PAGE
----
“I Am A Hybrid Writer,” In Conversation With Vish Dhamija – Author of Prisoners Dilemma, Bhendi Bazaar And Ten More Books

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“Indian John Grisham” – The term brings to your mind the face of none other than Vish Dhamija. We saw him master crime fiction, holding the reins of the plot which he maneuvers seamlessly through the twists and surprises. Being at the peak of his career with the tenth book “Prisoner’s Dilemma” grabbing the eyeballs with rave reviews, Vish Dhamija shares his journey with Outset, through our virtual tete-a-tete.
Vish Dhamija - Prisoner's Dilemma

Virtual tete-a-tete with Vish Dhamija 

Friendship or freedom, what would you choose?” This is a tagline that hooks readers. How did this idea come to you?

Prisoner’s Dilemma as a concept (in-game theory) is simply that. Rationally, there should be no reason to doubt your friend—you should know that your friend will not double-cross you, but you are talked into doubting years of friendship. Once that happens, you get paranoid, and consequently, the self-preservation instinct takes over your rational mind. That is the entire premise of the book, so when I began writing I knew that is the challenge I’ll put forth to the protagonist(s), and I appreciate the dilemma it puts the reader in. As any tagline should, it is the heart and soul of the story, and it makes you stop and think. 

Both friendship and freedom are so vital to life that one should never want to be put in a situation to decide between them.

Do you plan a book or do you go with the flow?

I’ve been asked this before. I am more of a hybrid writer if there’s a term like that, and I doubt there are writers who plan a story to the last detail before they begin penning it. In my case, I usually have the idea/premise of the story firmed up in my mind before I start writing. For example in crime fiction, I’ll know what crime is going to be committed in the beginning (burglary, theft, murder or any other) and how will it unfold for the investigator (police, detective, lawyer) and the reader. Or, if it’s a crime caper and the protagonist gets away, how will s(he) do that. The rest I decide…as I write.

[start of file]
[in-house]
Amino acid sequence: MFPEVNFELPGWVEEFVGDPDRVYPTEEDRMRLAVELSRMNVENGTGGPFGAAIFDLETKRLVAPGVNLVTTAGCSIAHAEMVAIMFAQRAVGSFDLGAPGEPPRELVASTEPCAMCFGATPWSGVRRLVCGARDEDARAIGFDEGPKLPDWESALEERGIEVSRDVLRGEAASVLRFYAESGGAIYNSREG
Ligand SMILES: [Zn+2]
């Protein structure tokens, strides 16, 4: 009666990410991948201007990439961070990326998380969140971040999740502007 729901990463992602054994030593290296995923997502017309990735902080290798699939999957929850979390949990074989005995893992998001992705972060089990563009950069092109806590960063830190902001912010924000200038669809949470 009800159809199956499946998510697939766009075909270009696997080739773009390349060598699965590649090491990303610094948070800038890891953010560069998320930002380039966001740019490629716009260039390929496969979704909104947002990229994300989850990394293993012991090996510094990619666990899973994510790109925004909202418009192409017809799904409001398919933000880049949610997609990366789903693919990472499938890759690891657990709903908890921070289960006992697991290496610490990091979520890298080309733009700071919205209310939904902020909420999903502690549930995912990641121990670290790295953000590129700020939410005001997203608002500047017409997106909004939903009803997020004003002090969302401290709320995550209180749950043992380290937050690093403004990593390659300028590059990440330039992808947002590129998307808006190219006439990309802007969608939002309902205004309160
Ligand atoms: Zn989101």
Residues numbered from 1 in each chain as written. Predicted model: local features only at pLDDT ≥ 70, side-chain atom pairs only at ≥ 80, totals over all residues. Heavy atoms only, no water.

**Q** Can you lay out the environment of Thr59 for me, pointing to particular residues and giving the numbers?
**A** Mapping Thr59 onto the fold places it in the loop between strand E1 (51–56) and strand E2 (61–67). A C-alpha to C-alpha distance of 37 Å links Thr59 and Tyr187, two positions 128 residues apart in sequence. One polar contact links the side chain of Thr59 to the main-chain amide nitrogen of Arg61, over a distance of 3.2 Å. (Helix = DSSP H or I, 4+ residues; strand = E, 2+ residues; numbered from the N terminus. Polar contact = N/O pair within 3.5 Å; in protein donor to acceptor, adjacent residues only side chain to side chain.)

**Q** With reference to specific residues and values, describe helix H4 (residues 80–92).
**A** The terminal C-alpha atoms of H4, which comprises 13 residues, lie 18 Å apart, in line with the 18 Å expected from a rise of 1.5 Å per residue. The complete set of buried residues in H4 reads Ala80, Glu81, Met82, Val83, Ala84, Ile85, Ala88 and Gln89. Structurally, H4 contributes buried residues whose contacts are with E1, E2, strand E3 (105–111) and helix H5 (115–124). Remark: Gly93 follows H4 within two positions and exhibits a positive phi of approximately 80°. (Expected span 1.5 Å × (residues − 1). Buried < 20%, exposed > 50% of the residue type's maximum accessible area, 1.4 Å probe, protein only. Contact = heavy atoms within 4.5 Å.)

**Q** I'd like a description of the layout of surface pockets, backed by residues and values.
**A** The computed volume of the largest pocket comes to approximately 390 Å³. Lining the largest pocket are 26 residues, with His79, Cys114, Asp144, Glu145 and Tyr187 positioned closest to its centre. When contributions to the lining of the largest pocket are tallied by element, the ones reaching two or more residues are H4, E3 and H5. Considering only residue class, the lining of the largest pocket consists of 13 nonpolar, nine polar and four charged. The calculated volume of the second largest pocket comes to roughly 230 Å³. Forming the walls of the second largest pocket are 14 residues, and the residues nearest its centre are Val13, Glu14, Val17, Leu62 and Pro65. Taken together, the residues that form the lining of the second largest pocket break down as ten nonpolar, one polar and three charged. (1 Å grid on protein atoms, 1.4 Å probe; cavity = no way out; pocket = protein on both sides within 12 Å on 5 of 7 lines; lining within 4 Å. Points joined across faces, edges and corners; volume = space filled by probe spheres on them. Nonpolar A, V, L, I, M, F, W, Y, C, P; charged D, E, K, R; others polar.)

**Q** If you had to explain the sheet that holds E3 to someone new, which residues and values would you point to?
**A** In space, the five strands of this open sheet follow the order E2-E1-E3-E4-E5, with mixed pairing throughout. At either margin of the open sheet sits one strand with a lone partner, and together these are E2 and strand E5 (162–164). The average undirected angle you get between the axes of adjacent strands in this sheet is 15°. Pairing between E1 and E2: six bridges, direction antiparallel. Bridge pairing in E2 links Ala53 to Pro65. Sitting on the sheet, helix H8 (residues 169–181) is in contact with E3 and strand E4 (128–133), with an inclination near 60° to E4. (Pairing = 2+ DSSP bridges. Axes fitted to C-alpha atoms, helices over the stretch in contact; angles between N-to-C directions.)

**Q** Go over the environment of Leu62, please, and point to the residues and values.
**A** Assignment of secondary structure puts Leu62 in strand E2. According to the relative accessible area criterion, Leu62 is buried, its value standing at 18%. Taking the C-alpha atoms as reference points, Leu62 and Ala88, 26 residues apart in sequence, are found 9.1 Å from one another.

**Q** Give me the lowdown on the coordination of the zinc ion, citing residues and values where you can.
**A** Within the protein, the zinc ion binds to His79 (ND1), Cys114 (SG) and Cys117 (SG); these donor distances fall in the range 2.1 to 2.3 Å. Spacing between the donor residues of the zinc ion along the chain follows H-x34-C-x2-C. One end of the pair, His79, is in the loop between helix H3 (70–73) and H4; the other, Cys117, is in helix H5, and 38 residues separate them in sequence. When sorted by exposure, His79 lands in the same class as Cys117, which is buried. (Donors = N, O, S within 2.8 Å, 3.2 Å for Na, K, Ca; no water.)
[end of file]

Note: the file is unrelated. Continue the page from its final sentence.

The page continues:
When did your connection with crime fiction begin?

To be honest I was fascinated by crime fiction before I was even aware I was reading them. 

Like most of my friends at the time, I started with comic books. 

The earliest ones were Indrajal Comics (Phantom and Mandrake), and then Tarzan before moving on to Tintin and Asterix, and Obelix. Do you see what I mean? I was enjoying these comics without knowing I was reading crime fiction in this format. Mysteries from Enid Blyton and Hardy Boys came next, followed by Agatha Christie and The Adventures of Sherlock Holmes. Now I enjoy reading every sub-genre: legal & psychological thrillers, noir, crime capers, cozy crime, police procedural, romantic suspense… the list is unending.

When did you recognize the writer in you?

I don’t think I recognized that after the success of my first book, Nothing Lasts Forever, which was published in 2010. Writing a book was one of the things on my bucket list so when the book got published I thought I was done. But it just kept selling, and readers kept asking when am I going to write my next one? And I had no plans to write a second one. Eventually, I wrote Bhendi Bazaar, published in December 2014. When that went on to become number one on the Amazon Crime chart and featured among bestselling books in Crossword stores, I realized I had a calling. And now, with six of my books being signed up for adaptation to screen, and three of my legal thrillers becoming a subject of a doctoral thesis by a PhD student, it gives me the added confidence that I should keep going.